• Under current law, certain types of income subject to tax at the long-term capital gains rate are excluded from the scope of Section 1061, including amounts treated as capital gains. long-term capital with respect to regulated futures contracts marked to market under section 1256, – ​​forward capital gain under section 1231, and qualified dividend income from domestic corporations and of certain foreign companies. The law would expand the scope of Section 1061 to apply to all items of income that are subject to tax at the rates applicable to capital gains.
  • By statute, the Treasury is authorized to issue Treasury regulations or other directives “to prevent the avoidance of the purpose of Section 1061, including by the distribution of property by a partnership and by waivers of portage”.
  • This provision would apply to taxation years beginning after December 31, 2022.

Expand, extend and add new energy tax credits

  • Extends the ITC and PTC for eligible projects (e.g., wind, solar, biomass, and hydro) whose construction begins before January 1, 2025 and for geothermal projects whose construction begins before January 1, 2035. Other changes of the ITC and the PTC include: (i) a PTC for solar; (ii) expansion of ITC-eligible property to include stand-alone energy storage, qualified biogas and micro-grid controllers; (iii) implementing a two-tier rate structure that requires meeting prevailing salary and apprenticeship requirements to earn the full rate; and (iv) the addition of a bonus credit limited to 10%.
  • A new tax credit for the production of clean hydrogen after December 31, 2022 at an eligible facility whose construction begins before January 1, 2033.
  • New technology-neutral tax credits effective January 1, 2025 for zero-emission installations. There are also zero-emission tax credits for (i) clean energy or nuclear power generation and (ii) power generation or energy storage facilities.
  • The Section 45Q carbon capture and sequestration credit is extended for projects that begin construction before January 1, 2033. Additionally, the minimum carbon capture requirement is lower and there is an enhanced credit for certain facilities direct air capture.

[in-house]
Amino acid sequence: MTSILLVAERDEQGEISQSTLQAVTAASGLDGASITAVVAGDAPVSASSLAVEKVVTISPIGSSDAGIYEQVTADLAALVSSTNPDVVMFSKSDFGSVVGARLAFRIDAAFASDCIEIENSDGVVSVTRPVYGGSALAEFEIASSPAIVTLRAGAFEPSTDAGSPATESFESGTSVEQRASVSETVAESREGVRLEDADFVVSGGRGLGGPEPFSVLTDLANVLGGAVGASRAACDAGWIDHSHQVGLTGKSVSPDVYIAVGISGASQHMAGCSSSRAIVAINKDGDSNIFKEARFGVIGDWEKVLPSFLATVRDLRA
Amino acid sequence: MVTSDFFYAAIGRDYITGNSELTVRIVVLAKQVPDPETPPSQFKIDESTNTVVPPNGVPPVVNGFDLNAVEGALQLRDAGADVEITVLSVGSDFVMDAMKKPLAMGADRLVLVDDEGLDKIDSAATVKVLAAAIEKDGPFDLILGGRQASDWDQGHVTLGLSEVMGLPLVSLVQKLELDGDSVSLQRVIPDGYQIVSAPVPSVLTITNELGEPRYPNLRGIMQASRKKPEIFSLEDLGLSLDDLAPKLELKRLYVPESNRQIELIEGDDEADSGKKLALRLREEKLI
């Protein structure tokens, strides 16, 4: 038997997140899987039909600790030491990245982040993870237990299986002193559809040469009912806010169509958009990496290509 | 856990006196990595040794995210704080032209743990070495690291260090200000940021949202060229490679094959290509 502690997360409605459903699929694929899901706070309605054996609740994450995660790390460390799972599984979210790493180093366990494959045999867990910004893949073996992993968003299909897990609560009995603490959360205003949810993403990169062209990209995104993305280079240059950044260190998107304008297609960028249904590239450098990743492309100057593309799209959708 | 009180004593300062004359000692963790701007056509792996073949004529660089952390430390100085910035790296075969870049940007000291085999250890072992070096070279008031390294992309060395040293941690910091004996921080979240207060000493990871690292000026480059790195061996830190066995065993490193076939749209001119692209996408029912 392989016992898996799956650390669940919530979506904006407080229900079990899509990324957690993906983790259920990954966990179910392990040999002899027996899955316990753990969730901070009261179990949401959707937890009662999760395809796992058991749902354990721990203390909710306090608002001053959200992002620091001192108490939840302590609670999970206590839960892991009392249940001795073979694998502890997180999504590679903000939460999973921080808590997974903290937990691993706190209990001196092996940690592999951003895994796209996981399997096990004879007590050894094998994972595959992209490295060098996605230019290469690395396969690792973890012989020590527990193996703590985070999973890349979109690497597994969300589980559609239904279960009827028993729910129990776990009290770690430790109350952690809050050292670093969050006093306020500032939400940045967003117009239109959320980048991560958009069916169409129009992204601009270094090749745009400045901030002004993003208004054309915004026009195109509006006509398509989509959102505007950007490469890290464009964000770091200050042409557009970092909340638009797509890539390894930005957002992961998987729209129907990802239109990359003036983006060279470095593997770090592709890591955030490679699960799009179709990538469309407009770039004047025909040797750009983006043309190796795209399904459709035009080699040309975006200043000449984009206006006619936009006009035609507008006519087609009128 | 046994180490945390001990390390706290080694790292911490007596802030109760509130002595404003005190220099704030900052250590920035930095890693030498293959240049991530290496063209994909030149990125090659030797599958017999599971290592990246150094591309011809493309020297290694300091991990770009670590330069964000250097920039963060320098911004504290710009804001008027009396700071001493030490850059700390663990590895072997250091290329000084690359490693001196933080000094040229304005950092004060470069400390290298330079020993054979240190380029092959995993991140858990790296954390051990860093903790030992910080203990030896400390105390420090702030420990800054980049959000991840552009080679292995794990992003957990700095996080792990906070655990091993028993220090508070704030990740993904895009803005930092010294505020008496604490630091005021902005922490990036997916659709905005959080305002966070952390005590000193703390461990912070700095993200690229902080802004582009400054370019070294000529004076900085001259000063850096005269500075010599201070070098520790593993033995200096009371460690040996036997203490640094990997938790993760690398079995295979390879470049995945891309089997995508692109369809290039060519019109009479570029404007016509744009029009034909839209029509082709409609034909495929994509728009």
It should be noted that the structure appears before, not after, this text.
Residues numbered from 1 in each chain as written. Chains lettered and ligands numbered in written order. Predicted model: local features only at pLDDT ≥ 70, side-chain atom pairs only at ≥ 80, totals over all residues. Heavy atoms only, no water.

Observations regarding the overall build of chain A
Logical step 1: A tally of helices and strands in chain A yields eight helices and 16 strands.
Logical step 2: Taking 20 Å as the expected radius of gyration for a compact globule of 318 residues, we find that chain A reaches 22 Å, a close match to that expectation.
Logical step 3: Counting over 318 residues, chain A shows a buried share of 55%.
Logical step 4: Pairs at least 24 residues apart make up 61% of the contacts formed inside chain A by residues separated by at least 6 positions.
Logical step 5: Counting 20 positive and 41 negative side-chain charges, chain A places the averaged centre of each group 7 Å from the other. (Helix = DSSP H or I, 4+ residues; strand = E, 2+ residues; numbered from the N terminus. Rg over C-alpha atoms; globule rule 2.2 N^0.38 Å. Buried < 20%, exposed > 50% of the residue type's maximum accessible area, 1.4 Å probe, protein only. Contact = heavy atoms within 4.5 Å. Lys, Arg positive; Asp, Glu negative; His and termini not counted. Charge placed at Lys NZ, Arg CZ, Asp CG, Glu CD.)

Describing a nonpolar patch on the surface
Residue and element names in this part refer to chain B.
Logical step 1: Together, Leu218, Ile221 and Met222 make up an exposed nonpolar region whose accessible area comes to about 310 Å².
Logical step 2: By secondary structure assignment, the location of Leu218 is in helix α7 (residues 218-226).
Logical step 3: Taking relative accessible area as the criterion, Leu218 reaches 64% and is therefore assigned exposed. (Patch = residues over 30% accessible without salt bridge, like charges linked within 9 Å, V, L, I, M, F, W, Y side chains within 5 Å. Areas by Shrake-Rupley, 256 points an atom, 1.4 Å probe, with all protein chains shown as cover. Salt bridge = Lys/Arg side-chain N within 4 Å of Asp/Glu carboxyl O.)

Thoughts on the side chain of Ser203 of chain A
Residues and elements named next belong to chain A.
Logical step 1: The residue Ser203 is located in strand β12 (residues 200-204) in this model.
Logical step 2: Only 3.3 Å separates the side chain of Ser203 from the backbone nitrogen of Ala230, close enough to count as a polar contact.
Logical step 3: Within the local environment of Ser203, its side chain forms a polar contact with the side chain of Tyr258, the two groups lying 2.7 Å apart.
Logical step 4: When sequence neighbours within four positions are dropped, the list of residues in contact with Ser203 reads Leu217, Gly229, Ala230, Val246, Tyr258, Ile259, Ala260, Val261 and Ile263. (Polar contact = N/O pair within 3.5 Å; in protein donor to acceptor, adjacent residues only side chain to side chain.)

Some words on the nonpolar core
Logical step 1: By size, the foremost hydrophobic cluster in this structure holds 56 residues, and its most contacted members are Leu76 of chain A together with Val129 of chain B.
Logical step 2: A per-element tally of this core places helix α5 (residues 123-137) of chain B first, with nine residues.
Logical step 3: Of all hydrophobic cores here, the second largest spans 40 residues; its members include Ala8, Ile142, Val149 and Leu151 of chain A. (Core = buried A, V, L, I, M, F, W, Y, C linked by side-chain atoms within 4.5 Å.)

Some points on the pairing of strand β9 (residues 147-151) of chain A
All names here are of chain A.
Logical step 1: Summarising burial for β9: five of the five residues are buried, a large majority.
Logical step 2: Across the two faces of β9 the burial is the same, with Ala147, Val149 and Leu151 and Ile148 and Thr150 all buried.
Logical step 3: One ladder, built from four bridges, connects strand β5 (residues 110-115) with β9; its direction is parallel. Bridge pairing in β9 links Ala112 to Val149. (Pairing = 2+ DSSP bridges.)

• There is a new alternative manufacturing production credit available to taxpayers who produce and sell certain components (generally including a portion of clean energy facilities) that are produced in the United States and sold to unrelated persons.
  • Other positive changes are (i) the portability of most energy tax credits; (ii) a limited direct payment option; and (iii) a 3-year carry-back period for energy credits.

Senator Schumer announced in a July 27 statement that the text of the law would be submitted to the Senate for consideration, and that he expects the Senate to “vote on this transformative legislation next week.” The Senate is currently scheduled to begin its August recess at the end of this week, and the House’s scheduled recess began this week; however, if the bill passes the Senate, it would not be surprising to see the House seize the bill soon after.

In a statement by President Biden on July 27, the president voiced his support for the legislation, saying, “I urge the Senate to move forward on this bill as soon as possible, and the House to follow suit as well.” Although much work remains to be done before the law can be laid on President Biden’s desk for signature, to meet the complex requirements of the reconciliation process, which will allow the law to pass by a simple majority in Senate, Democrats should push aggressively to have this legislation passed and ready for the president’s signature by Sept. 30.

Mintz’s tax group will closely monitor the development of this legislation.